So far, we have seen distilleries using their alcohol to produce bootleg hand sanitizer. When a hospital in Italy needed replacement valves for intensive care machinery, a local entrepreneur brought over his 3-D printer and made new ones. There is already a group banding together online to make 3-D printing designs available for manufacturing ventilators.
That's on the medical end. As for how we will all survive this shutdown, in both our work and our personal lives--where would we be without a whole host of private businesses, from Internet mail-order giants to videoconferencing services?
While I'm hearing from friends about their public school kids re-enacting Lord of the Flies at home, my private school has turned on a dime to offer practically a whole day's worth of instruction over the Internet, relying on file-sharing and videoconferencing services. For many other parents, the hero of this national school shutdown is going to be Khan Academy, a private non-profit creator of online educational videos.
The government did not create and could not have created all of these services. They were created by private initiative in a free market. They are how liberty is going to help us get through the pandemic.
Failure Is Not an Option
The innovation we're looking for most of all, however, is a medical one.
We expect a vaccine, and several private companies and research labs have them in development. But that will take at least 14 months, and there is really no way to speed that up. The barrier isn't the creation of the vaccine but the need to test it. Think of it this way. COVID-19 has a morality rate of about one percent, possibly smaller as treatment improves. If a vaccine has unexpected side-effects that cause anywhere near that level of mortality, and we administer it universally to everyone, then the cure will prove worse than the disease. So we can't skimp on the testing.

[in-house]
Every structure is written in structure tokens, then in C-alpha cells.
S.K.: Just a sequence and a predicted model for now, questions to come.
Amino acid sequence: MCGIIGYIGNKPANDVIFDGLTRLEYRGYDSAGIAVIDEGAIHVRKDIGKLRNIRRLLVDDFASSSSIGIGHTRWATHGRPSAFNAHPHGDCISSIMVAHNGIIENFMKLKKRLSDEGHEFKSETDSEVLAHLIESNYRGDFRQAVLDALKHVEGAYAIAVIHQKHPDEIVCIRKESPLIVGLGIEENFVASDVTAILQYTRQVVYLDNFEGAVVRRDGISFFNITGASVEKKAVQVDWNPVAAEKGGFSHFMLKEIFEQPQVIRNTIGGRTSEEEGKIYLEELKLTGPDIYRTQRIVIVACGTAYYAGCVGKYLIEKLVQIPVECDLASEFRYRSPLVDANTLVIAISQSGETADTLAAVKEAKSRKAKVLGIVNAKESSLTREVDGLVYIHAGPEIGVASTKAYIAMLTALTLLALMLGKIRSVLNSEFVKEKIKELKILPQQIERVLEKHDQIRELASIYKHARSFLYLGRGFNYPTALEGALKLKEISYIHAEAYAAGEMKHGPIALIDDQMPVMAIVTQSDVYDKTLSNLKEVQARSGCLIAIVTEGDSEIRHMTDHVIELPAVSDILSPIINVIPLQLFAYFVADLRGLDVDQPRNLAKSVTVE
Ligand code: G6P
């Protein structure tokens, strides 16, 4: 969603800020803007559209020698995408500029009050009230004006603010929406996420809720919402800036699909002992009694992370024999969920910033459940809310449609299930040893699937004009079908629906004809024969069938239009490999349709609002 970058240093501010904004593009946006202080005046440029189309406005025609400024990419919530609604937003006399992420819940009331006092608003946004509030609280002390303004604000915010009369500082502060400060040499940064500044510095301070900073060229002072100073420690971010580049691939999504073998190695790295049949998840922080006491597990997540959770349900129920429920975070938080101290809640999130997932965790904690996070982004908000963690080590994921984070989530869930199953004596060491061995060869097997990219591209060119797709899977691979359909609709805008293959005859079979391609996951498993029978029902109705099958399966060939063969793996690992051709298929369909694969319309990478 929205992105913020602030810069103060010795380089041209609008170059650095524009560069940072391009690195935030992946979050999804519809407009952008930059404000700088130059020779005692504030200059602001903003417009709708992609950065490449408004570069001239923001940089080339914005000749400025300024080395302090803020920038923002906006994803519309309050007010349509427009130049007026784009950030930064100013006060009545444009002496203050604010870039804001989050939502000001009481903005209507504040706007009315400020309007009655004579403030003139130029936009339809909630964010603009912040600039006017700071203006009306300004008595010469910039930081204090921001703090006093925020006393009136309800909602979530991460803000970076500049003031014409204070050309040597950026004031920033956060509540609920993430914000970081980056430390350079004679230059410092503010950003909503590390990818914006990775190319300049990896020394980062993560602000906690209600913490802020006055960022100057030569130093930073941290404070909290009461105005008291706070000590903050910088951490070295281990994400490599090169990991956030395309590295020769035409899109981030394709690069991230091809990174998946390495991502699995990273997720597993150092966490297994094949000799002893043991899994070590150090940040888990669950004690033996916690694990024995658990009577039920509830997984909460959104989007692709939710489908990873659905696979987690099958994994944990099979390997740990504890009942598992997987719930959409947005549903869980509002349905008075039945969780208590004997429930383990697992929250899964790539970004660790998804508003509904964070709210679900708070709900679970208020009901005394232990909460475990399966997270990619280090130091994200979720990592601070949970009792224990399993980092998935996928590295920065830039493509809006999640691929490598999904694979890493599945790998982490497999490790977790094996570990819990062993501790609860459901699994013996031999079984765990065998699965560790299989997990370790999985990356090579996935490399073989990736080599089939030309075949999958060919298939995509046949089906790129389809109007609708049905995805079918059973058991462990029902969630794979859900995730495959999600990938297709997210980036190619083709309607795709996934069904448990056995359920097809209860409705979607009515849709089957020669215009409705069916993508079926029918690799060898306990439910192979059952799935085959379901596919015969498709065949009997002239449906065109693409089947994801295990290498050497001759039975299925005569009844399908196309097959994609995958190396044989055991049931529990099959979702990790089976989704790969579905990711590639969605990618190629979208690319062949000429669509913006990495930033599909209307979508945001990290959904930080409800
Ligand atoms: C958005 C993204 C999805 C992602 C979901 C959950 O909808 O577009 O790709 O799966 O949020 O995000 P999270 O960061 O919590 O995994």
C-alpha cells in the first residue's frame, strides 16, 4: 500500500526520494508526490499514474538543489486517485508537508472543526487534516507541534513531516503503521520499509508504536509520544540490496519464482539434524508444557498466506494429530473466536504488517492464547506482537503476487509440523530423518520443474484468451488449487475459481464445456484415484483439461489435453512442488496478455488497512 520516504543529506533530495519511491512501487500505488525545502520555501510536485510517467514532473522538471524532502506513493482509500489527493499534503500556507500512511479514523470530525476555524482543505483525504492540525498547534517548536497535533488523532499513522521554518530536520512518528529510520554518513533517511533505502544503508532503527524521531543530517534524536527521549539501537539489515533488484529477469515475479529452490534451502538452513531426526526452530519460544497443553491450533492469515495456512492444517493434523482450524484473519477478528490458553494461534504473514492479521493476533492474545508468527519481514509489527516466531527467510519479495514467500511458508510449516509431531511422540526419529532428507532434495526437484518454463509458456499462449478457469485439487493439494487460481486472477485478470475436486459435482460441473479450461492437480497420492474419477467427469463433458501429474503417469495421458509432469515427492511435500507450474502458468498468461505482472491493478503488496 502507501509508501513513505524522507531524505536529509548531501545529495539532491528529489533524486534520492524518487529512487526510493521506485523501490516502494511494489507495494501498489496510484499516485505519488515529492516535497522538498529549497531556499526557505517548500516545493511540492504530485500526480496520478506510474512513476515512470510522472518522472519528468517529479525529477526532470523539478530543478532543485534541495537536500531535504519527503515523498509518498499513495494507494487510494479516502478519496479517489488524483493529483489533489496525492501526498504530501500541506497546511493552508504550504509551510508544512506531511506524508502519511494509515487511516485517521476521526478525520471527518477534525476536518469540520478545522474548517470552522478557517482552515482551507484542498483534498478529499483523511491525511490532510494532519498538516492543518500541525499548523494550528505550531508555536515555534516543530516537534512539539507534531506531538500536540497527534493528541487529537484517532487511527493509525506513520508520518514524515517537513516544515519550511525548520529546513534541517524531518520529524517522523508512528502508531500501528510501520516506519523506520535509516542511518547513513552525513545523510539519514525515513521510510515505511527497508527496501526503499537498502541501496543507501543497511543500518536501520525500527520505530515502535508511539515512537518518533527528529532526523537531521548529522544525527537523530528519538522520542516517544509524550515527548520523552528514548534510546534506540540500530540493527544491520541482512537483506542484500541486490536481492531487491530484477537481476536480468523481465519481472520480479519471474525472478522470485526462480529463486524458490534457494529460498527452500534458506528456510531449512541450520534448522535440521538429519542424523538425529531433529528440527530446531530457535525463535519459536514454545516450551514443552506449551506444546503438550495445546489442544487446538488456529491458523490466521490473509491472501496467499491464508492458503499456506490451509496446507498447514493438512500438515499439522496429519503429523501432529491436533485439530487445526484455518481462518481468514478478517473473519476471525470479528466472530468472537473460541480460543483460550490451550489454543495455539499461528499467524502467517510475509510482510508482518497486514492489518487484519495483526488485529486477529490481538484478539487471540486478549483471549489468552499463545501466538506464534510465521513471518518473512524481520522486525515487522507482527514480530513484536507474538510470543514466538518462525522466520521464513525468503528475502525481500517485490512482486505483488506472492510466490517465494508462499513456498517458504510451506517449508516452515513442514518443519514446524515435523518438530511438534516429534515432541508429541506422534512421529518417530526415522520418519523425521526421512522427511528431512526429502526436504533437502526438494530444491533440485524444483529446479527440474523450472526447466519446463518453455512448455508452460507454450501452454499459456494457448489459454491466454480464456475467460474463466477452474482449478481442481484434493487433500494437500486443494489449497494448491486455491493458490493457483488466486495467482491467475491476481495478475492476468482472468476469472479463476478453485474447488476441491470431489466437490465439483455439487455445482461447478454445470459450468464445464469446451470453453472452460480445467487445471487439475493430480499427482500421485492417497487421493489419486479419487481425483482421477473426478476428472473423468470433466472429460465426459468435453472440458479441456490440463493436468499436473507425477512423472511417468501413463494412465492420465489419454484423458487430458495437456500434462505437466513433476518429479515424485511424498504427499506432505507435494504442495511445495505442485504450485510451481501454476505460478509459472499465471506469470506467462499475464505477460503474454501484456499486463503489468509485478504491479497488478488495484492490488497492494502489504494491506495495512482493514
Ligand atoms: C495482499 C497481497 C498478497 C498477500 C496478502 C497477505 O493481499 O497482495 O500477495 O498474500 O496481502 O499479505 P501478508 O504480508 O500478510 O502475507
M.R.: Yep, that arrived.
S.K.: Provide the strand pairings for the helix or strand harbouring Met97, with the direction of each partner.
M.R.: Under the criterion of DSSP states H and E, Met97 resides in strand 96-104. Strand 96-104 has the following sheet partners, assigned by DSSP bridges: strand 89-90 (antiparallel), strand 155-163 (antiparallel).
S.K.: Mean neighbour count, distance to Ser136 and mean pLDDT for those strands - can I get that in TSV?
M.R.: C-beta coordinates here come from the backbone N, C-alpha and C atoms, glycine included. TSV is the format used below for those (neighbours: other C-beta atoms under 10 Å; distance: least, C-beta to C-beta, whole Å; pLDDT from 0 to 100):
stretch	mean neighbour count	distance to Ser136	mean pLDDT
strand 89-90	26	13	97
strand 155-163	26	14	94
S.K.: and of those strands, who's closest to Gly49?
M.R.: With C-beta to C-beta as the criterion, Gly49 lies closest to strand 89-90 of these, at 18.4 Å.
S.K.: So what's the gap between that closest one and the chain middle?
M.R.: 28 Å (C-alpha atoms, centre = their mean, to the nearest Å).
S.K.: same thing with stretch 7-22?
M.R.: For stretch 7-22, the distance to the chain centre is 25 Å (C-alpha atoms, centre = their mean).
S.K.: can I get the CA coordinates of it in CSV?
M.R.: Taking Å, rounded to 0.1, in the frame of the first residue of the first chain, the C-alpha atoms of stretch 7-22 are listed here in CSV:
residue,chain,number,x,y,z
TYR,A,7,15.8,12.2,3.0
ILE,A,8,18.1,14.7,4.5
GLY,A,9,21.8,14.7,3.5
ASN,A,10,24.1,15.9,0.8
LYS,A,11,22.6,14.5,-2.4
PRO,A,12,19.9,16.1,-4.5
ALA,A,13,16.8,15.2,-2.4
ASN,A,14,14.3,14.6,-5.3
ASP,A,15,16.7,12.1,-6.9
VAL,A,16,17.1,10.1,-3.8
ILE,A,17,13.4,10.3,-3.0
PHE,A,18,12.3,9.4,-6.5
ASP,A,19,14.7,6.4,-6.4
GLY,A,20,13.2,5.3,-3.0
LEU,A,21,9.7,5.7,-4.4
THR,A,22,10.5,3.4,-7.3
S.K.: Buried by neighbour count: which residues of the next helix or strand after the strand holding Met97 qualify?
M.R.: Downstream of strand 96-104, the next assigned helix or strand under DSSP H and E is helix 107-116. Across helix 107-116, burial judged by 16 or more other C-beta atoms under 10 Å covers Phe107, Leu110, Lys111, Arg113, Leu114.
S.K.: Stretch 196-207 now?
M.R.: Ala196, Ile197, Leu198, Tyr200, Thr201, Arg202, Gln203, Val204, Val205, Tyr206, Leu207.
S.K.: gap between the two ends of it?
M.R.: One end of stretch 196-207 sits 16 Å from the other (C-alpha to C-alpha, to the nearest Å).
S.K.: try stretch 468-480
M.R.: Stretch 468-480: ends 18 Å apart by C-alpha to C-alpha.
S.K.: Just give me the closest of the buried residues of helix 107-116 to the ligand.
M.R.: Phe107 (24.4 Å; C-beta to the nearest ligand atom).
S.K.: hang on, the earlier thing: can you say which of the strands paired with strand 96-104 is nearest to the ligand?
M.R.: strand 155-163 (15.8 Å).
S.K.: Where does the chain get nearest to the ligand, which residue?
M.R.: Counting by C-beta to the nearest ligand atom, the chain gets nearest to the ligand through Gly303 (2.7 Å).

That means that the only way to end this crisis on a shorter time scale is through innovation in treatment. This is a "novel" virus, so we're still figuring out how it spreads and how deadly it is and what to do when people get sick. This also means that there is a lot of opportunity to improve how we treat it.
Given the long approval process (and high risk) of totally new drugs, the first progress we should expect is from established drugs that are "repurposed." There are already tests being conducted with anti-viral drugs, but possibly the most promising avenue is treatments to mitigate the "cytokine storm." Cytokines are natural chemicals in the body that stimulate the immune system to attack a biological intruder. In excessive quantities, though, they can trigger an immune system attack on healthy cells. Early indications are that this self-destruction of lung tissue might be the real killer in severe cases of COVID-19. A treatment that mitigates the cytokine storm could dramatically decrease the mortality of the disease—and if scientists can figure out how to do that, they will not only save many millions of lives, but they will restore the possibility of normal life to the rest of us.
Human being are ingenious and resilient. I remember after the Gulf War in 1991 when Saddam Hussein had his retreating troops set fire to Kuwait's oil wells. The resulting blazes were lamented as an economic and environmental disaster that would take years to extinguish. Instead, teams of engineers poured in from around the world, invented new methods on the fly, and put out the fires within months.
Humans are ingenious and resilient, and nobody more so than Americans. We've faced many difficulties before, and we've learned how turn a crisis into our finest hour.
We can do it again. Failure is not an option.